Looking for Zen in Notre Dame

Any list of “top” tourist attractions in Paris places Notre Dame Cathedral easily in the top 5. Built between the 12th and 13th centuries Notre Dame is considered the finest and largest example of French Gothic architecture in the world. It is also one of the best known churches in the world with an estimated 13 million visitors each year (I found some variation with respect to total visitation with numbers ranging from 9 to 13 million. Since more sources cited 13 million I decided to go with that but, either way, let’s just agree that a heck of a lot of people visit Notre Dame each year!).   With this level of fame you can imagine how crowded and difficult it can be to visit Notre Dame in August, the height of tourist season here in Paris. Nonetheless, Notre Dame is on most people’s “must” see lists.

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View from the left bank walkway
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A portion of the frontal facade

We currently have some good friends visiting from Canada, Elaine and Kevin and, as this is their first visit to Paris, of course Notre Dame was on their list of things to see. Since we live a short walk from Notre Dame it was an easy decision their first morning here to walk over and check out the crowds and determine the odds of gaining entry without having already purchased a ticket in advance.

Unfortunately, but not surprising, the crowds were already thick around the church by 10am and the line-up to get in suggested a wait of well over 1 ½ hours – not an overly enticing way to spend a lovely summer morning. Instead, we decided to walk around the outside of the church. Personally, I very much enjoy (and in many ways prefer) the views of Notre Dame from both its backside and from its river-side. There are magnificent carvings on the building and the views of some of the gargoyles are great from the ground.   With a good zoom lens you can capture some wonderful photos. I also find the backside of the church extremely photogenic, particularly because you can frame up the cathedral and the Seine River together:

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Locks on the Pont de l’Archevêché, the
Locks on the Pont de l’Archevêché, the “Love Bridge” behind Notre Dame

In addition to all that, there is a garden area behind Notre Dame where you can sit and just take in your surroundings away from the tourist craziness our front. It is a lovely area and, over the years, I’ve sat there on many occasions either to read, take photos, write in my journal or just sit.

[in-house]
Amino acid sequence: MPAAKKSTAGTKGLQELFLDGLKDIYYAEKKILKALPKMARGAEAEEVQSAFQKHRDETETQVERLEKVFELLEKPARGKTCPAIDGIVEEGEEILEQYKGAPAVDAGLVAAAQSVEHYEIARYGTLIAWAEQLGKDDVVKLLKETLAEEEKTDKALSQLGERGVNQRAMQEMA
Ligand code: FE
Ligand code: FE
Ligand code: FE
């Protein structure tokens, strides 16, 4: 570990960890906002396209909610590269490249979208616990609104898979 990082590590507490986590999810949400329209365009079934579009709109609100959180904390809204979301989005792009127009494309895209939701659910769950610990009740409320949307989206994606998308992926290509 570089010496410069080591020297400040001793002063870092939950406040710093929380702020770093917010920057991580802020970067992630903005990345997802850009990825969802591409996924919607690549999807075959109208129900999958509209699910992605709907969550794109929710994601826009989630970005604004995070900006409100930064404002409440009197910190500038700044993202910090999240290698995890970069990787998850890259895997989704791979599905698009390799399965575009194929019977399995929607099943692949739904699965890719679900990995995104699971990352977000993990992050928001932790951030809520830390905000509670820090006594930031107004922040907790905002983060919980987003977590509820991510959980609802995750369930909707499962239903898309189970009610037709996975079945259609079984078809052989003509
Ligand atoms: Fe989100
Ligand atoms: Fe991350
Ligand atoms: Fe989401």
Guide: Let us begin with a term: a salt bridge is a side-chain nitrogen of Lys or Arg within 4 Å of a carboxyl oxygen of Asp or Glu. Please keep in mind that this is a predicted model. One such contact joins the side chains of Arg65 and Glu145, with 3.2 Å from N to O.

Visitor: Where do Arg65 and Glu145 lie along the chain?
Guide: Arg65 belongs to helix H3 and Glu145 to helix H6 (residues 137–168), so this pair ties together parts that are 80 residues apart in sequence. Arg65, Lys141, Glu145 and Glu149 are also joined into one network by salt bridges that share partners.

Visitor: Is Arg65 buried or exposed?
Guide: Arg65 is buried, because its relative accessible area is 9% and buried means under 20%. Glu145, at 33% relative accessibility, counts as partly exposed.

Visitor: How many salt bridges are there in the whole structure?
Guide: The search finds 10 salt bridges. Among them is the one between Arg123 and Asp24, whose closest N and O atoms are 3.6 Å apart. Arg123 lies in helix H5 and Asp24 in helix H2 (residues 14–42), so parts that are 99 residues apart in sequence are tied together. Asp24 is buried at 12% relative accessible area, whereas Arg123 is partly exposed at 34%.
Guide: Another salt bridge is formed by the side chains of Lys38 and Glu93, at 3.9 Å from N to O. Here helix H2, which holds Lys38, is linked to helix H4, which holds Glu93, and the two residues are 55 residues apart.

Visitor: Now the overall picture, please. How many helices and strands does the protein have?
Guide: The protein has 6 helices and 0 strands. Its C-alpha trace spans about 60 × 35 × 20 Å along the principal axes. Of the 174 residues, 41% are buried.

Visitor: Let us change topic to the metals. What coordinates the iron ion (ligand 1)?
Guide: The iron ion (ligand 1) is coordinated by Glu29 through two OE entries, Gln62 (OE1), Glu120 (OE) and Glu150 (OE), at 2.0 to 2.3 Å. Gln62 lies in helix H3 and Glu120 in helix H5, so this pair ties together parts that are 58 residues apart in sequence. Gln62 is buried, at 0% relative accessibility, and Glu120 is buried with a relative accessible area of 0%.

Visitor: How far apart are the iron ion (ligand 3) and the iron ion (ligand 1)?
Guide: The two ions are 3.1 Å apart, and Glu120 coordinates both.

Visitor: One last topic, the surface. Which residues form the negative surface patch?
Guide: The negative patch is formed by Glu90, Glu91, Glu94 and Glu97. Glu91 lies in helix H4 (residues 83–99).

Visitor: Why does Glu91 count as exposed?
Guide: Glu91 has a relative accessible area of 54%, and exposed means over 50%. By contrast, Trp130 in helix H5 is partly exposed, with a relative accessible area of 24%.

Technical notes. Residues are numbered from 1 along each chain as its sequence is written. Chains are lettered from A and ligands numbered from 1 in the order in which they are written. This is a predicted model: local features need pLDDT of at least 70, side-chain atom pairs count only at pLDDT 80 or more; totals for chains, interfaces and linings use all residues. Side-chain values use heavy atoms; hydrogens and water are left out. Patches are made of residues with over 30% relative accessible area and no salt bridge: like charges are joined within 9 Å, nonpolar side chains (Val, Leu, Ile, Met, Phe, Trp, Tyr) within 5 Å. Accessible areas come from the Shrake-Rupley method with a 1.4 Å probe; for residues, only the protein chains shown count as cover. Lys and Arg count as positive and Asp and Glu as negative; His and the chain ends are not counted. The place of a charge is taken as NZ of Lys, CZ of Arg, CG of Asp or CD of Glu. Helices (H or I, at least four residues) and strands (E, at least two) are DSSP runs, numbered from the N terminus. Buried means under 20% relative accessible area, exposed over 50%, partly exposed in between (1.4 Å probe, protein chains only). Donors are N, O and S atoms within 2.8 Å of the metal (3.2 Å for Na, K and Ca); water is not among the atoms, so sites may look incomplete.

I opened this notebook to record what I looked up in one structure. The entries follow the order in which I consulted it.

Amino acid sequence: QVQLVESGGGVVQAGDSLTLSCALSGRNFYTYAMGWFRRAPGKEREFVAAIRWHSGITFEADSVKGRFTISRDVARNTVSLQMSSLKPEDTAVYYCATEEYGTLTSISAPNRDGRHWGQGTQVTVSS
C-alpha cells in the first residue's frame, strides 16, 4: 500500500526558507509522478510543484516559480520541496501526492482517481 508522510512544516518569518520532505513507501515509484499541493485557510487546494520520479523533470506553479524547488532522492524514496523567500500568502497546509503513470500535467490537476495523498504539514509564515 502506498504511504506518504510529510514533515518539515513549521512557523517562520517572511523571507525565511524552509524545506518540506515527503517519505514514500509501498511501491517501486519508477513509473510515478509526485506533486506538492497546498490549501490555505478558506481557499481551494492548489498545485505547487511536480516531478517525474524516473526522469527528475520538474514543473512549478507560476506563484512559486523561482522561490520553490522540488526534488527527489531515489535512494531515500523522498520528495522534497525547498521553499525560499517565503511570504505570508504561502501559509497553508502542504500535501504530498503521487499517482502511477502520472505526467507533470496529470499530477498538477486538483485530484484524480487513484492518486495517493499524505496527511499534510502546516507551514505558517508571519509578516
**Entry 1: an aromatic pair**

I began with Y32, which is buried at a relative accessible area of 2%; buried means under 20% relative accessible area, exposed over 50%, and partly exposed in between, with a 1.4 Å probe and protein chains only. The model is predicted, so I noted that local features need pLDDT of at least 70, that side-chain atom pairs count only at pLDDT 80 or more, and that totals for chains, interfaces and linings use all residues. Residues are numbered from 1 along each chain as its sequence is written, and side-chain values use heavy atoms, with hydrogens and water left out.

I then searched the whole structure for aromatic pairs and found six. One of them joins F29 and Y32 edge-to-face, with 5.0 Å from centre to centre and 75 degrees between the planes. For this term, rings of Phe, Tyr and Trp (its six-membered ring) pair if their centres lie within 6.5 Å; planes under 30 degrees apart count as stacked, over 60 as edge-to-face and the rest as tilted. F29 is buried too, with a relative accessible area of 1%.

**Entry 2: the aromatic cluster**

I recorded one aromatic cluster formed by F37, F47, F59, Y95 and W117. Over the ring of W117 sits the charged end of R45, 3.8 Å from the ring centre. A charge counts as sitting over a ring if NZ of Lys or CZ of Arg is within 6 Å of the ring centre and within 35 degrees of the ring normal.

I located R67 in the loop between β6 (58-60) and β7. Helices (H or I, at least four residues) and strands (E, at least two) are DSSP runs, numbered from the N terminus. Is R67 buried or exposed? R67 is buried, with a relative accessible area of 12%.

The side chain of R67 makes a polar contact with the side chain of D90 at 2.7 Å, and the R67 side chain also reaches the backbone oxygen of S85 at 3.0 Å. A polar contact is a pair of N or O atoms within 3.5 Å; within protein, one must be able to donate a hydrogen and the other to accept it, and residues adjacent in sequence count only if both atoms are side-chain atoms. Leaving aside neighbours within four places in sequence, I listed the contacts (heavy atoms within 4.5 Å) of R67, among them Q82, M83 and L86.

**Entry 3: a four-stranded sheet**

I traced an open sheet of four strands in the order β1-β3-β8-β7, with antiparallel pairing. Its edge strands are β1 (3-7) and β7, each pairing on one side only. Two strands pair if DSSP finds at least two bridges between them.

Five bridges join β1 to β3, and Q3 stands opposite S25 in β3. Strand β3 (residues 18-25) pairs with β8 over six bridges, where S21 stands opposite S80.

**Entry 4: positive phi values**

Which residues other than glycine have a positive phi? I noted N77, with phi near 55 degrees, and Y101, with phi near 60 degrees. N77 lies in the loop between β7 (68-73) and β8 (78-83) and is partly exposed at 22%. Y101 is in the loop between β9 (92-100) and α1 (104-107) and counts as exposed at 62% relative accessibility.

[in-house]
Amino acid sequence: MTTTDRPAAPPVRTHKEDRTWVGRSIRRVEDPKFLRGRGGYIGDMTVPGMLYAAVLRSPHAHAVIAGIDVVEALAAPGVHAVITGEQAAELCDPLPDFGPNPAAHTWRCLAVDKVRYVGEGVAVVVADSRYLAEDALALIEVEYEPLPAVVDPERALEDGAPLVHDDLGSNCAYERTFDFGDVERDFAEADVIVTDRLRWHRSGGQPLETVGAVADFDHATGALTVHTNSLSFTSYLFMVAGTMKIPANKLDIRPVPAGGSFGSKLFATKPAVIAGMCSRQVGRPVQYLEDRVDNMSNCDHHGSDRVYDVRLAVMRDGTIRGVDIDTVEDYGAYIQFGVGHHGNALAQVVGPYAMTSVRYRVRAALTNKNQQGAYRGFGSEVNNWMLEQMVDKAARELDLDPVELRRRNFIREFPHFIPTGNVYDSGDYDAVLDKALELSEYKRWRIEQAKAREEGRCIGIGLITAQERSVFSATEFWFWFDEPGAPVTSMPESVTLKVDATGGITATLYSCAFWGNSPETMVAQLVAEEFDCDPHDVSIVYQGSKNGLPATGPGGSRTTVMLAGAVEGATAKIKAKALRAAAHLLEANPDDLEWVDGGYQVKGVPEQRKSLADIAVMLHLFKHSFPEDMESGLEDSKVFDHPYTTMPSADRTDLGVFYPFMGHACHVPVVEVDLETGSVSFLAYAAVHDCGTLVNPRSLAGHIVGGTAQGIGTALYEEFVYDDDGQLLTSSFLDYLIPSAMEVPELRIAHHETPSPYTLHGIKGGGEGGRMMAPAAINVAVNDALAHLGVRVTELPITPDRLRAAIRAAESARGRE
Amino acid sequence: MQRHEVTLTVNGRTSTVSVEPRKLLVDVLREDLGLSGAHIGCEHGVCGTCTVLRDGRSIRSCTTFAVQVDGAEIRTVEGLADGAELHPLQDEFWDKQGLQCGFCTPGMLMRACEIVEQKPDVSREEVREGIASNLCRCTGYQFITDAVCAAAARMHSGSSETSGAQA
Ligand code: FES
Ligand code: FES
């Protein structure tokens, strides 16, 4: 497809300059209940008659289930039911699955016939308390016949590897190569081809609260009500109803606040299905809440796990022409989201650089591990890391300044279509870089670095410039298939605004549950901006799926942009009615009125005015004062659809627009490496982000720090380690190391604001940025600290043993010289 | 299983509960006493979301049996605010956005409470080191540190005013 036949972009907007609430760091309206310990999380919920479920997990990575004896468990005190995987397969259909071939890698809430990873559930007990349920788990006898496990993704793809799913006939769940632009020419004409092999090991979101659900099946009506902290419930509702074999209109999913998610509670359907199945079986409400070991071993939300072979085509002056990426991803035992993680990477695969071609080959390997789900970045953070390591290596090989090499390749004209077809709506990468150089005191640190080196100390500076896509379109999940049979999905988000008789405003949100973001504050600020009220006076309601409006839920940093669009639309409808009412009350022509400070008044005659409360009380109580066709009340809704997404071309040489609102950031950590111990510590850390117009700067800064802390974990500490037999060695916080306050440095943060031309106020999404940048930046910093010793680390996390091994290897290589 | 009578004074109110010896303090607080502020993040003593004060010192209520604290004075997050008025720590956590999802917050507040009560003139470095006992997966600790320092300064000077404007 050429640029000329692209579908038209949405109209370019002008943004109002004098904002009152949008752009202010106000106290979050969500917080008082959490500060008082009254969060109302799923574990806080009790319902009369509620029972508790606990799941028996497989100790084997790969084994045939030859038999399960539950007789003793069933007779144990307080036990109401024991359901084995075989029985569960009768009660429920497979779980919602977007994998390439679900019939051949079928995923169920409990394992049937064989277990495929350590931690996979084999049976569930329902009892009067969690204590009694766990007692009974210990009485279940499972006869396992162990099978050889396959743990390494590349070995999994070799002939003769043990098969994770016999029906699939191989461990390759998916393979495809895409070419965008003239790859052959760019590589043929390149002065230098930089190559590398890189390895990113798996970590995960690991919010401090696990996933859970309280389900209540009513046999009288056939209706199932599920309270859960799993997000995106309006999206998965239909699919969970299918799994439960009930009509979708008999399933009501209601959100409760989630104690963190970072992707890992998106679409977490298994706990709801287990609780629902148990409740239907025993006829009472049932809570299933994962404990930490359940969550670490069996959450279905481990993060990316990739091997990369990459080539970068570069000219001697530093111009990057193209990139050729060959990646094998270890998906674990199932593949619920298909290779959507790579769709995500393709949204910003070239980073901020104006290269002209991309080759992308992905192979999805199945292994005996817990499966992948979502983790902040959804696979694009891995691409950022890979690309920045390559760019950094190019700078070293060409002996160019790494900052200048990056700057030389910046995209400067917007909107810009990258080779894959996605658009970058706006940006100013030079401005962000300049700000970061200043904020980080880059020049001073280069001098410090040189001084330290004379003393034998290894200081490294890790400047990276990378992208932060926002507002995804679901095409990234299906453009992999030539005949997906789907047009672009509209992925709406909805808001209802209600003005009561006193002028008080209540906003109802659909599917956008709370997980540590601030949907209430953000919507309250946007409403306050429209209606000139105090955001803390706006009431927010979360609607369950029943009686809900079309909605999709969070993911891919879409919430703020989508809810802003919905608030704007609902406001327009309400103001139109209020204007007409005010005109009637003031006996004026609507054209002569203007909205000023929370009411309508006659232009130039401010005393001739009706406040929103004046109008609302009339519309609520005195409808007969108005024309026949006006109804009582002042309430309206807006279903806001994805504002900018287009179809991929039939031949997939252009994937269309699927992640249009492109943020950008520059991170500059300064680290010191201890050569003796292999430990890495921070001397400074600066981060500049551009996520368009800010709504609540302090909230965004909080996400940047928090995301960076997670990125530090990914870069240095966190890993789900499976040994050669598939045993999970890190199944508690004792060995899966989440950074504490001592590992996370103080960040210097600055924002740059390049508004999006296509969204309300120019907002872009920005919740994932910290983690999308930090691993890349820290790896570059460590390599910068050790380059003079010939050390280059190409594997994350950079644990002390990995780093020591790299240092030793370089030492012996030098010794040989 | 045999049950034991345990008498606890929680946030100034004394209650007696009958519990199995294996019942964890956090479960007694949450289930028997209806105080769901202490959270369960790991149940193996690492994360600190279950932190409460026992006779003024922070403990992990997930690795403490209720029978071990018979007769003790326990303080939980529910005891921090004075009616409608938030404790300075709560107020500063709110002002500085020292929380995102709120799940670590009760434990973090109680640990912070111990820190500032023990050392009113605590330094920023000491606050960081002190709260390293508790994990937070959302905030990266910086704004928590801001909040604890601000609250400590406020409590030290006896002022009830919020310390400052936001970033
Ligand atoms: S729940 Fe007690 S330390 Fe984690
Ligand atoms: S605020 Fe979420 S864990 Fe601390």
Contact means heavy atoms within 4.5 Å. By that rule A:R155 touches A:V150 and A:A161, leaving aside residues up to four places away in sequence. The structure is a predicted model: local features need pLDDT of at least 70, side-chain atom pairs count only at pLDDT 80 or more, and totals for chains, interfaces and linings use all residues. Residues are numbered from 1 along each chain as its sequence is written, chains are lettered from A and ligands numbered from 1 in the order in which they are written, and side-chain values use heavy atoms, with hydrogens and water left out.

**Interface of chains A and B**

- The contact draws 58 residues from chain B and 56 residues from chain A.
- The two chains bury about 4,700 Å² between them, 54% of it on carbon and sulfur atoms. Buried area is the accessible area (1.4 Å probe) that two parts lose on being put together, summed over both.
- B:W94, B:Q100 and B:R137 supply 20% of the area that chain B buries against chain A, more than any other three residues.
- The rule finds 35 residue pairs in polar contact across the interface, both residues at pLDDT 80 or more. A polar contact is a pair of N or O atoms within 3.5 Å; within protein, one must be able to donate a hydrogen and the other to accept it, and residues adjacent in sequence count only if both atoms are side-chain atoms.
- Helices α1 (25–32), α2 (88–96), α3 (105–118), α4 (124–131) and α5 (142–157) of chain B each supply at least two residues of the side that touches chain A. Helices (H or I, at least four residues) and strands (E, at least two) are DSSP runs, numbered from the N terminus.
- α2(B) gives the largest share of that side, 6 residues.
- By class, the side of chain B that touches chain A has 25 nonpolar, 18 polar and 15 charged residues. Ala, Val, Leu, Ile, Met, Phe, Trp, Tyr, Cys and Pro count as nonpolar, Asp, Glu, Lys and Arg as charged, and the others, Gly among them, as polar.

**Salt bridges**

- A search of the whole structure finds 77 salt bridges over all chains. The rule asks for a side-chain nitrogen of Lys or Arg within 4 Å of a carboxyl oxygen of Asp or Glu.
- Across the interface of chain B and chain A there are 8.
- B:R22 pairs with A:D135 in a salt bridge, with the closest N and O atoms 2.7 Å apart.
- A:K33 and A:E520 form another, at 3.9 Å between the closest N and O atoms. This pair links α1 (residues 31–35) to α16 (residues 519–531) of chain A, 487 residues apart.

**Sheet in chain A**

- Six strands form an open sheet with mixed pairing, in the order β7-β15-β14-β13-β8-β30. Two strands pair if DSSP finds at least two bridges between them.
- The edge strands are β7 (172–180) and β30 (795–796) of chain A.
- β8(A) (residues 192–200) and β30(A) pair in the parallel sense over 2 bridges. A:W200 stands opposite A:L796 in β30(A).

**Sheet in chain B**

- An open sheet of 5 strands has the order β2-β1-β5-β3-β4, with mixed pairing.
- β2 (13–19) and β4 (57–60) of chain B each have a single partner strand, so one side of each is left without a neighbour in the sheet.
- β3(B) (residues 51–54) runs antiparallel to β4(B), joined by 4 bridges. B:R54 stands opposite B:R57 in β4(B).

This, we decided, was the way to see Notre Dame! That is, until an increasing number of very well armed French guards started moving in. Our backside-view of Notre Dame photo session was cut short by these men (and one woman) carrying very large guns ushering everyone away from the church and garden and back out onto the street. I asked one guard if there was a problem. He replied, “yes, there’s a bag”.   What excitement this added to our morning stroll – our first potential, maybe, could be (but not likely) bomb threat. Out we scurried to watch the events unfold from the safety of the street. The gates were locked behind us.

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To spare you the boring details of what transpired over the next 20 minutes or so, a police van was brought in, the bag was inspected, all was fine and the garden re-opened. Sorry, but honestly nothing much more exciting happened.

However, back to us….during our initial investigation of entry wait times for Notre Dame we had wandered across the front doors and seen a poster for a concert inside the church that same day: a chorale concert of Gregorian Chant and medieval music performed by “l’Ensemble Vocal de Notre Dame de Paris”. AH-HA we had discovered a way to see the inside the church without having to wait in line plus enjoy an evening musical adventure. Sold!